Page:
Market-ing in Chiang Mai

After all of the previous day’s excitement we needed something more relaxing. So today we did very little. Woke up late, ate breakfast, let Alex play with the hotel staff, who seem to love him. He’s been very good at charming the locals with an easy “Hi!” and his excited descriptions of things like “fountains!” (his lift replacement, for he has encountered none here), “motorbike!” and “wee-wee toilet!”.

The Manathai feels like a very sedate resort, which suits us just fine. After we dragged Alex away from the fountains and waterfalls we crossed the road towards the local market area, making the mistake of trying to use the stroller over the bumpy and narrow footpaths. Alex managed to sleep through it all.

The markets sold all sorts of things, from Spider-man outfits to pickles. But nothing we wanted. The atmosphere is interesting, though. We emerged from the narrow streets at the river and did a loop across a couple of bridges. The eastern bank of the river seemed upmarket and catering mainly for tourists. The La Luna Gallery had some tempting artworks by South East Asian artists.

We ate a fairly poor meal under the tarps of the food stalls on the western side of the river. Then, as we were exhausted and Alex wanted the loo, we caught a tuk-tuk back to the hotel. Alex loves tuk-tuks, the flashing lights, the wind, the noise, the passing motorcyclists, maybe even the petrol fumes as the driver turns the motorbike handles dodging other cars on the street.

Back at the hotel we slept for a few hours. We all have colds and it was nice to lie down and do so little – except for booking tomorrow’s accommodation in Bangkok.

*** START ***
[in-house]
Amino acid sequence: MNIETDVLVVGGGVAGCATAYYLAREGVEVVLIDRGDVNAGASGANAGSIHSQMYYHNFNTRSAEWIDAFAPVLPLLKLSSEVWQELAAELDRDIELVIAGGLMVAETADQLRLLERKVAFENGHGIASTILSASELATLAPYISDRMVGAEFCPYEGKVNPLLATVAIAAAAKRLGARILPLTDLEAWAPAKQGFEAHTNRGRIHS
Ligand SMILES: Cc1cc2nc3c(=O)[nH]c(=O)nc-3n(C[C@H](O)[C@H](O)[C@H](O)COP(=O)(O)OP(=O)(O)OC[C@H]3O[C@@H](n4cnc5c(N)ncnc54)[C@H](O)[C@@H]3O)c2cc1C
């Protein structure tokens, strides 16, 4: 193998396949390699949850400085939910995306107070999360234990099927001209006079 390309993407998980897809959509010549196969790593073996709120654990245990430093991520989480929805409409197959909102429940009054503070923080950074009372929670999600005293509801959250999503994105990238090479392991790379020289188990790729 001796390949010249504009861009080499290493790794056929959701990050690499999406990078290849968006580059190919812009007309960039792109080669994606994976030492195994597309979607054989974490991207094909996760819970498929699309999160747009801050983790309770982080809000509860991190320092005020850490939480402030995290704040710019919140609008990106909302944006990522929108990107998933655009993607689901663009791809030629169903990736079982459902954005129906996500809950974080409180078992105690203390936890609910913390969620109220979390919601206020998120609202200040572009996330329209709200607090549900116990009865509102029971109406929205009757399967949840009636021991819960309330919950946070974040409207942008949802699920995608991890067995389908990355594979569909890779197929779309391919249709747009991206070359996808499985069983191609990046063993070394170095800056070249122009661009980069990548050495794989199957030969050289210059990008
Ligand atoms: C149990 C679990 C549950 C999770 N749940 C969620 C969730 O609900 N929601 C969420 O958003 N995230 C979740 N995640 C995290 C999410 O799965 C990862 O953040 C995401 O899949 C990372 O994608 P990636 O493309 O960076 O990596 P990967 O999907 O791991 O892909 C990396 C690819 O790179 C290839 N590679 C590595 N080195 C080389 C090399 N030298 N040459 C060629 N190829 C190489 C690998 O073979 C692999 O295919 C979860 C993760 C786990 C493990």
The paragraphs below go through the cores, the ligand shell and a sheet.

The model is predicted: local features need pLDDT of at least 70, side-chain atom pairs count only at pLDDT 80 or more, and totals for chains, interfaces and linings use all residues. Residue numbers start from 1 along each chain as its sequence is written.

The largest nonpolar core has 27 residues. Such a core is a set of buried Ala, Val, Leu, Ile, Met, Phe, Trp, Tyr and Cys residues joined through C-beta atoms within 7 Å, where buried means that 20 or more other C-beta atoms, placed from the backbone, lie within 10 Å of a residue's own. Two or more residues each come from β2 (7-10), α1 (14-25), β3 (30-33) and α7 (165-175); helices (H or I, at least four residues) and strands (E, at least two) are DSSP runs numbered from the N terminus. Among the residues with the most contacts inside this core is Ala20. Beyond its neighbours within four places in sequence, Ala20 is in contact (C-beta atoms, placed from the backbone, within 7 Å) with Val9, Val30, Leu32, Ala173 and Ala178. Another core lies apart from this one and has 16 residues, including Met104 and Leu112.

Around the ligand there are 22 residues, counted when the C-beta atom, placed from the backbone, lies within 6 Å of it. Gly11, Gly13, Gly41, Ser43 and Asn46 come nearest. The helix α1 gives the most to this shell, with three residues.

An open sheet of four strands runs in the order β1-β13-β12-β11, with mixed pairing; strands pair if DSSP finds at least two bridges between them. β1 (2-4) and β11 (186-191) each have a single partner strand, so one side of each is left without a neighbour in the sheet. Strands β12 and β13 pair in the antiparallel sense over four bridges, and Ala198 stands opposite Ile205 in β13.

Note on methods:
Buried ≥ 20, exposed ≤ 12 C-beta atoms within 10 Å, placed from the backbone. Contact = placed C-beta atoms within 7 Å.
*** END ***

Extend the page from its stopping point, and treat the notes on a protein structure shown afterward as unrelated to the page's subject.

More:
A swim, then another tuk-tuk to find dinner. We gave up and used the Lonely Planet, selecting the Galare Food Court. Except the tuk-tuk driver thought that we had said “The Gallery Restaurant” and took us across the river to somewhere swish. He drove us back to the Night Market area without protest and we discovered that the food court is written “Kalare” outside of the Lonely Planet.

It’s obviously aimed at tourists. You buy vouchers then use them to purchase food from the line of stalls. I had a nice northern Thai curry noodles, while B’s contained blood jelly, which she removed. Alex and B fought over the young coconut juice again as we struggled to get him to hurry up and eat his chicken and vegetable rice noodles. Sticky rice and mango for dessert, he loved the fruits.

We wandered back to the hotel via the Night Market stalls, purchasing a needed t-shirt for Alex.

Tomorrow should be even more relaxing with a 12 hour train ride back to Bangkok.

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